Members of the San Antonio Symphony and their audience for "Fiesta Baroque and San Fernando Cathedral" during Fiesta 2013. Photo by Iris Dimmick.

There are at least four good reasons to step out of your weekend routine to attend the Sunday evening performance of the San Antonio Symphony at San Fernando Cathedral.

One, is the program, featuring the very accessible music of Italy’s greatest Baroque composer, Antonio Vivaldi, and the lesser known Francesco Maria Veracini. The music will be sublime at times, exuberant at other times, all of it intensely emotional. If you and classical music are just meeting for the first time, this would be a wonderful first date. Afterwards, you’ll want a second date.

Two, historic San Fernando Cathedral is a setting where music has lifted the hearts of people in San Antonio for 285 years. To be part of that continuum is palpable to the listener seated in the wooden pews, taking in the restored 18th and 19th century surroundings. You do not have to be Catholic or even religious to appreciate the spiritual experience of convening with others people, mostly locals, others visiting San Antonio. San Fernando beckons visitors who come to explore the city’s history and culture. It’s part of my World Heritage understanding of San Antonio, even if it was not included in the official UNESCO designation.

San Antonio Symphony Concertmaster Eric Gratz
San Antonio Symphony Concertmaster Eric Gratz

Three, this is your opportunity to see and hear Concertmaster Eric Gratz up close and personal. The symphony’s first violinist is only 25 years old, hardly the customary age of concertmasters leading most major symphonies.

Anyone present for Gratz’s solo performance of Barber’s Violin Concerto at the Tobin Center for the Performing Arts on Jan. 29 will agree that he is an amazing virtuoso. The tall, lean Gratz seems impossibly talented for someone his age, and the intimacy of the cathedral and alternating moods and drama of Baroque will showcase Gratz and his violin, an instrument that really needs no showcase.

Four, symphony-goers who are only familiar with Symphony Conductor and Music Director Sebastian Lang-Lessing will be taken with the precision and elegant form of Associate Conductor Akiko Fujimoto, who conducts 40 programs a year in San Antonio and is known to many season ticket holders for the engaging tutorials she offers before regular symphony performances.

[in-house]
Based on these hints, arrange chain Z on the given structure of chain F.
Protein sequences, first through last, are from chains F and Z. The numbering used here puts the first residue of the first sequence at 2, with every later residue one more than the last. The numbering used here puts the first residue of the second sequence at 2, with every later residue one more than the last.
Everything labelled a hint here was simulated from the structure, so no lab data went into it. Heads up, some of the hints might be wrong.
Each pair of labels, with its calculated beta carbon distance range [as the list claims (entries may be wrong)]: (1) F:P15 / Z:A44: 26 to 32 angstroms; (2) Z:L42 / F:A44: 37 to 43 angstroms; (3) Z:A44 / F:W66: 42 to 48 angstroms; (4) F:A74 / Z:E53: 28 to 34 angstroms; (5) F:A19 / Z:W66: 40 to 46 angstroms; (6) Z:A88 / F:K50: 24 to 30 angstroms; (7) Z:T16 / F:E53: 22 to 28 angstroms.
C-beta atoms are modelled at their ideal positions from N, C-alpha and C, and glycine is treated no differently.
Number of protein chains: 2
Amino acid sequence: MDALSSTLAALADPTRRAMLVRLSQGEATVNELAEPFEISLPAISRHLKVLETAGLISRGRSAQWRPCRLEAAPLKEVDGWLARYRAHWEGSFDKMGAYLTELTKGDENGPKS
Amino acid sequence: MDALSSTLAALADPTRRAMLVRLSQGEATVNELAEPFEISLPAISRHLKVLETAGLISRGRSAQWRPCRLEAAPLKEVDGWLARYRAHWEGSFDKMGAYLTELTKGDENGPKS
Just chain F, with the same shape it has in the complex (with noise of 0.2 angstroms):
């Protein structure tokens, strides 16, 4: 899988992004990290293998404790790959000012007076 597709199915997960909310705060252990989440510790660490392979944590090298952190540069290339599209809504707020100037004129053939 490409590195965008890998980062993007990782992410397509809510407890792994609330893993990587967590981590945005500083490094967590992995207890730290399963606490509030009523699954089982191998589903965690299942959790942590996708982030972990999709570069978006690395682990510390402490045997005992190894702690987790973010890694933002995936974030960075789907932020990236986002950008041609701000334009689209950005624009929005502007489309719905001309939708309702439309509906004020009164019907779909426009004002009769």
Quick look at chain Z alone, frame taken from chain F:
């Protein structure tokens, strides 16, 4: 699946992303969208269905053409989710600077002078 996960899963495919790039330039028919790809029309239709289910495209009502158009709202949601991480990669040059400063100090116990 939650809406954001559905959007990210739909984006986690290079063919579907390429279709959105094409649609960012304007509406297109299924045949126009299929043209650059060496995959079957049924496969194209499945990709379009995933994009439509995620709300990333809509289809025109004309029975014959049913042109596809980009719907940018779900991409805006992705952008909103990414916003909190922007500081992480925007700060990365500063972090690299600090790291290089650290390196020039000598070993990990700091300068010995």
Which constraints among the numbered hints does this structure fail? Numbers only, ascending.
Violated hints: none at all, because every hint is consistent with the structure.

San Antonio Symphony Associate Conductor Akiko Fujimoto
San Antonio Symphony Associate Conductor Akiko Fujimoto

The program 

Show starts at 7 p.m.

Veracini Ouverture No. 1 in B-flat major
Veracini Ouverture No. 6 in G minor
Vivaldi From L’estro armonico, Concerto No. 6, RV 356 in A minor
Vivaldi From L’estro armonico, Concerto No. 9, RV 230 in D major

From the San Antonio Symphony website:

“Be dazzled by music of Vivaldi and Veracini, two Italian baroque composers whose rivalry inspired them to create an abundance of delightful and exuberant works. Concertmaster Eric Gratz acts as soloist and leader in two concertos from Vivaldi’s ground-breaking L’estro armonico (harmonic invention), which are works of sparkling charm with sheer virtuosity. The program opens with two works by Veracini, a synthesis of Italian concertos and German orchestral suites conducted by Akiko Fujimoto.”

Click here to buy tickets, which are $30.

*Top image: Members of the San Antonio Symphony and their audience for “Fiesta Baroque and San Fernando Cathedral” during Fiesta 2013. Photo by Iris Dimmick.


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Robert Rivard

Robert Rivard

Robert Rivard is editor of the San Antonio Report.